You don't have to be disabled for any length of time before you apply for Social Security disability insurance (SSDI) or SSI disability benefits. You are eligible for to qualify for SSD or SSI benefits as soon as you stop being able to do a substantial amount of work. In most cases, Social Security defines substantial work as making $1,180 per month (in 2018). (Note the rules are different for self-employed and blind persons; see our article on substantially gainful work for details.)
When you can apply. Contrary to popular belief, there is no requirement that you have to be off work for six months or a year before you can apply for or collect disability benefits. You can apply for disability as soon as you quit work or are let go because of your medical condition—or when you realize you are disabled and can't go back to work. However, you must be expected to not be able to work for at least one year (or have an illness that is likely to result in your death) to qualify for Social Security or SSI disability. This is called the durational requirement. If Social Security doesn't believe your disability will last a full twelve months, it will send you a "durational denial" letter.
Durational requirement. How does Social Security know if you'll be unable to work for at least one year? If you have an abrupt accident or illness that suddenly and obviously makes it impossible for you to work, Social Security will estimate how long your inability to work will last. If your doctor's prognosis is that your illness or impairment will keep you from working for at least one year, and Social Security agrees, the agency can grant you disability benefits right away. For injuries that have caused obvious permanent disability, like an amputation of both hands, Social Security will make a decision on your case right away, but if your prognosis is not clear, Social Security may wait a few months to see if your condition improves (for example, after a stroke or heart attack). Social Security often presumes that a disabling impairment that has not improved within three months will last a year.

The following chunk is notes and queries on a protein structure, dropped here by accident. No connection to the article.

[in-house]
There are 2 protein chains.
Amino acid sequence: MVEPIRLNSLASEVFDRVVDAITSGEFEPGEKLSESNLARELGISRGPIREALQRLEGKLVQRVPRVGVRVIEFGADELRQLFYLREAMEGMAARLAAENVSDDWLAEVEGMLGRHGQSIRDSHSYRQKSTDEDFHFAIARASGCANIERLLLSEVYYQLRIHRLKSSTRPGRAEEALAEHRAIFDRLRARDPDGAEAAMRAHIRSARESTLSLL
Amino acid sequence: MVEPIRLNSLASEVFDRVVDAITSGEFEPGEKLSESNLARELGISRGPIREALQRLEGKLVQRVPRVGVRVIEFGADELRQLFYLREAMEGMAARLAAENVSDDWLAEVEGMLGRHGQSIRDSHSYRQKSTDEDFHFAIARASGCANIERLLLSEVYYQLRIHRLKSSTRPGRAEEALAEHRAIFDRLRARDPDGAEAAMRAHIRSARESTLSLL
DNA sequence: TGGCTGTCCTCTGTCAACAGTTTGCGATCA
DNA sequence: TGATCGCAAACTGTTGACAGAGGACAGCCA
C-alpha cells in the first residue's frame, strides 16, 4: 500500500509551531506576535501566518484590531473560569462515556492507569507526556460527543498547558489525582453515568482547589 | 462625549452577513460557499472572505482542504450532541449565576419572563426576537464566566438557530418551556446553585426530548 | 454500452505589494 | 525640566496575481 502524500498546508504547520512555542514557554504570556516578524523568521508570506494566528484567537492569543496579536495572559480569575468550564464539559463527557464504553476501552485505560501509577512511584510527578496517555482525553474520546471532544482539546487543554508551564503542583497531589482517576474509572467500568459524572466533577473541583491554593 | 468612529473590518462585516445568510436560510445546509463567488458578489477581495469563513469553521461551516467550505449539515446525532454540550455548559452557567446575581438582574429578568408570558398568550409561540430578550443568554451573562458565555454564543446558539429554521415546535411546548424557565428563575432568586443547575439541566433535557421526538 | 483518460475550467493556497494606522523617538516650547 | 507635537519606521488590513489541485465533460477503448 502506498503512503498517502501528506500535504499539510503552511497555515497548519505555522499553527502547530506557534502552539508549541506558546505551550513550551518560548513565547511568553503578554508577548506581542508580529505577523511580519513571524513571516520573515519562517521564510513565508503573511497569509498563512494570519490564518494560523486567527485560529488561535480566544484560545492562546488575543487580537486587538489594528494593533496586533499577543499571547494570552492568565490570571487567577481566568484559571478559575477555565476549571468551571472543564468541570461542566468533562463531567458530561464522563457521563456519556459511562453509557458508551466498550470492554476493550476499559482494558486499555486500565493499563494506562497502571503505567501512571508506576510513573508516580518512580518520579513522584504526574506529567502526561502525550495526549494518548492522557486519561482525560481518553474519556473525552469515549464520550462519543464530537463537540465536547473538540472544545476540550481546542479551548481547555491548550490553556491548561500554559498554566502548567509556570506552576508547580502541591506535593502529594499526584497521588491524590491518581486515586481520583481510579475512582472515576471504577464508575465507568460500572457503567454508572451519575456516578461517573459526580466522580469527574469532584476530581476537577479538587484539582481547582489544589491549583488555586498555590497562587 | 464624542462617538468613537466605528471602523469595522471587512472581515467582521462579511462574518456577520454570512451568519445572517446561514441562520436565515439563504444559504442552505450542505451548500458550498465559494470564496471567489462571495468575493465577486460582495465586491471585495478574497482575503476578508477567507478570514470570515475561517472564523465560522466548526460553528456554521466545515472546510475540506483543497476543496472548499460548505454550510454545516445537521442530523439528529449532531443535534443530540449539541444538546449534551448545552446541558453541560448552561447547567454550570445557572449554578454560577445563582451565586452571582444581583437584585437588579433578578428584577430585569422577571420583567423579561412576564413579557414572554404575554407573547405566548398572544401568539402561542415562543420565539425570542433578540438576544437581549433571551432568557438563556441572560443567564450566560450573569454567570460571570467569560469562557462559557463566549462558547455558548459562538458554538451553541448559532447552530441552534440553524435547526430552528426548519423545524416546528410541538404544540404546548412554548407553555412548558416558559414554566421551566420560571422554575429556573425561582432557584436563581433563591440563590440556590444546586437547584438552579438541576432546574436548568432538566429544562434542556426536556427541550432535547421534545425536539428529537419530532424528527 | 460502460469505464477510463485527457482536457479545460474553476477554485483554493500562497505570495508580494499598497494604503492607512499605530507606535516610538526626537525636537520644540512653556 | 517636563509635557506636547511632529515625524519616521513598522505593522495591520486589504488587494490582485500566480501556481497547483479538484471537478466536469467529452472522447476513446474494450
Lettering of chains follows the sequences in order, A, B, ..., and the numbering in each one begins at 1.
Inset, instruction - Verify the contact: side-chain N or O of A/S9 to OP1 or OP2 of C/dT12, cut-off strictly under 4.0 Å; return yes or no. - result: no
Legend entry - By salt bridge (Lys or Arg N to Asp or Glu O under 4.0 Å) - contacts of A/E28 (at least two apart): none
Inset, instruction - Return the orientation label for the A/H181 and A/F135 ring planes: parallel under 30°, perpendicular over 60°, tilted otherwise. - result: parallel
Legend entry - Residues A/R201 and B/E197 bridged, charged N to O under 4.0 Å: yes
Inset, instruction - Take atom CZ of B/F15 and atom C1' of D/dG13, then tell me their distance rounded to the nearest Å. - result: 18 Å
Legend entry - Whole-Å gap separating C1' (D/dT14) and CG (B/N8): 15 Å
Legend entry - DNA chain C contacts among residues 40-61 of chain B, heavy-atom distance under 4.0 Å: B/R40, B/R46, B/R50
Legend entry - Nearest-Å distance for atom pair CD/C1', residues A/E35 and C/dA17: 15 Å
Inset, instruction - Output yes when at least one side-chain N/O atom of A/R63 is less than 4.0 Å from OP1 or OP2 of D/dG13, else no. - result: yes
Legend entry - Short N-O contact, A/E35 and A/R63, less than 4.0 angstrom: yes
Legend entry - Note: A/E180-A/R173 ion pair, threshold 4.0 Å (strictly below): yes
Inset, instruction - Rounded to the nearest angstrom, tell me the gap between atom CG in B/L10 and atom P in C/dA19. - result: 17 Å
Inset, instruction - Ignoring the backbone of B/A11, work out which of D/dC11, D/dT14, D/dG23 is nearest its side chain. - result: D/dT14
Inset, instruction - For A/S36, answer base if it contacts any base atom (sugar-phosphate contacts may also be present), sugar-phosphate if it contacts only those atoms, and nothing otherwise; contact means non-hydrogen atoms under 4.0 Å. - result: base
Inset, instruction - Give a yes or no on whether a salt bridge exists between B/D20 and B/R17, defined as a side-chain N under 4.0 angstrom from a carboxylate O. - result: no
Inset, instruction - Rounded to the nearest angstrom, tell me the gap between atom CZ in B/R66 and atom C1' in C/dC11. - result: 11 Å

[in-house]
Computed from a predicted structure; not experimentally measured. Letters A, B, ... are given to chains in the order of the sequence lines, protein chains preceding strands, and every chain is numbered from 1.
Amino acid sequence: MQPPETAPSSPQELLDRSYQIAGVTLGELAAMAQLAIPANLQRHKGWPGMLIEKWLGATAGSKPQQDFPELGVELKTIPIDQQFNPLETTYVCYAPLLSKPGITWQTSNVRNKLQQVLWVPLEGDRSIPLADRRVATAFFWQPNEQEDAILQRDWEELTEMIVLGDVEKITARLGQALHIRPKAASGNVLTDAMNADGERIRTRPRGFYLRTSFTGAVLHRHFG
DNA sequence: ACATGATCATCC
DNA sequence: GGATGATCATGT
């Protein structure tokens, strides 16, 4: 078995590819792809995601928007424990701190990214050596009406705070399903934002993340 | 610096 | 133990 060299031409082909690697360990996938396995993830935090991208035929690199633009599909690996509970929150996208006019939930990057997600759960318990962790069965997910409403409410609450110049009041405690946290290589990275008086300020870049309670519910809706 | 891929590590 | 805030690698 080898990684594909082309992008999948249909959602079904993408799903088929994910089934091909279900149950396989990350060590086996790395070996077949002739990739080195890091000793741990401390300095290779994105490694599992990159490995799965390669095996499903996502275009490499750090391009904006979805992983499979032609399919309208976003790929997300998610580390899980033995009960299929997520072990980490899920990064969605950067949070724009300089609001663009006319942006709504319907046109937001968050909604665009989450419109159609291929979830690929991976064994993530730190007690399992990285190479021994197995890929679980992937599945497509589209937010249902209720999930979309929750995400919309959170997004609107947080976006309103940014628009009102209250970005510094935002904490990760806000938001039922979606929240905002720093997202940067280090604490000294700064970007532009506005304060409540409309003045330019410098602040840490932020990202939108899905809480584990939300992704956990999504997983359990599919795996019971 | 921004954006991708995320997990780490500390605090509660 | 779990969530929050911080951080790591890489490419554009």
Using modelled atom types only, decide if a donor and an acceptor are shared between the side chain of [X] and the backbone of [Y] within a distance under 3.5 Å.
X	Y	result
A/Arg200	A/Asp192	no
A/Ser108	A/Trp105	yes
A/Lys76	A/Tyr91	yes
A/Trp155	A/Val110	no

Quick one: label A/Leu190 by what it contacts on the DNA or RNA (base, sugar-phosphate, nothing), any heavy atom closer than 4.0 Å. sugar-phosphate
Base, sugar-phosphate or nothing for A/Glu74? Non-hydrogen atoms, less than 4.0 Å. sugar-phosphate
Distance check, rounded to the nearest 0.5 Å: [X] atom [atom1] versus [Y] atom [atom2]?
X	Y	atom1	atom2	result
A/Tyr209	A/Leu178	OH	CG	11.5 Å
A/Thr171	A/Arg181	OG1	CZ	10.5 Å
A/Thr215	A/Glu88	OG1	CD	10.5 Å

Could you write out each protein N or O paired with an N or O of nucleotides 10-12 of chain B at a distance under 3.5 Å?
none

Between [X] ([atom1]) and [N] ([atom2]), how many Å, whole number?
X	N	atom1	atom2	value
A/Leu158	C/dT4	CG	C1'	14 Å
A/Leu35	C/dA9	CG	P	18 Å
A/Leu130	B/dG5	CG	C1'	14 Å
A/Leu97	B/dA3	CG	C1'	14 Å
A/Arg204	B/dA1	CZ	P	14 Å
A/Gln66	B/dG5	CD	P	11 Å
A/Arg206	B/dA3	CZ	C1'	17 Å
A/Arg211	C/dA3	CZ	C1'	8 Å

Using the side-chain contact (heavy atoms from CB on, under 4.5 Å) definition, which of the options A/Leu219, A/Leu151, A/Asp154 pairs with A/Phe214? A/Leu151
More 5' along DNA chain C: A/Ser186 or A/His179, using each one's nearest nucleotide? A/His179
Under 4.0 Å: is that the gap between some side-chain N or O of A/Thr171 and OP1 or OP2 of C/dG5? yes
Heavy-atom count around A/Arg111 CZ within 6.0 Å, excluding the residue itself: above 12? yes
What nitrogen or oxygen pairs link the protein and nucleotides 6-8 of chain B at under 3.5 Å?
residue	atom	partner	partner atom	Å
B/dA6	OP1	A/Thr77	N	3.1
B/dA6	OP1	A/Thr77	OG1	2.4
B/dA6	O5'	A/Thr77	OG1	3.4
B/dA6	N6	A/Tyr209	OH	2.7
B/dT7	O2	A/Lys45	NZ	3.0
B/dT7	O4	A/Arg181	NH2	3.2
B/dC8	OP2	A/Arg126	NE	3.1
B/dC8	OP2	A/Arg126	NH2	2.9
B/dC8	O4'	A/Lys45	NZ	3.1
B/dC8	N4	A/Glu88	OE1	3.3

How working affects the disability decision. If you work right up until the time you apply for disability, this can throw doubt on your claim that you can't work (unless you had an abrupt injury that caused you to stop working). Otherwise, you'll need to provide evidence that, even though you were working when you applied for disability, you weren't succeeding. In part of your application for disability (the Adult Disability Report), Social Security asks you questions about your last job. If your medical condition caused you to be absent from your last job, or you had to reduce your hours due to your condition, make sure you include this information on the form. Likewise, if your employer had to give you special help for you to complete your job despite your impairment, include that information.
How working affects your backpay. Working up until you apply for disability will also affect your disability onset date (the date Social Security says your inability to work began). Unless you can show that your recent work was an unsuccessful work attempt (for example, you tried to work but had to quit because of the pain), your disability onset date won't be until after you stopped working. (For more information, see our article on the unsuccessful work attempt rules.) For these reasons, some disability lawyers actually recommend you wait to apply for disability for a few months after you stop working. But if you have a serious disability and can't work, you can apply for disability as soon as you stop work, since getting disability will take anywhere from three months to three years.
SSDI waiting period. The SSDI program does have a five-month waiting period, starting from the your onset date of disability, during which you won't receive benefits. So there will be five unpaid months before you get paid benefits, starting from your onset date. For more information, see our article on the five-month waiting period.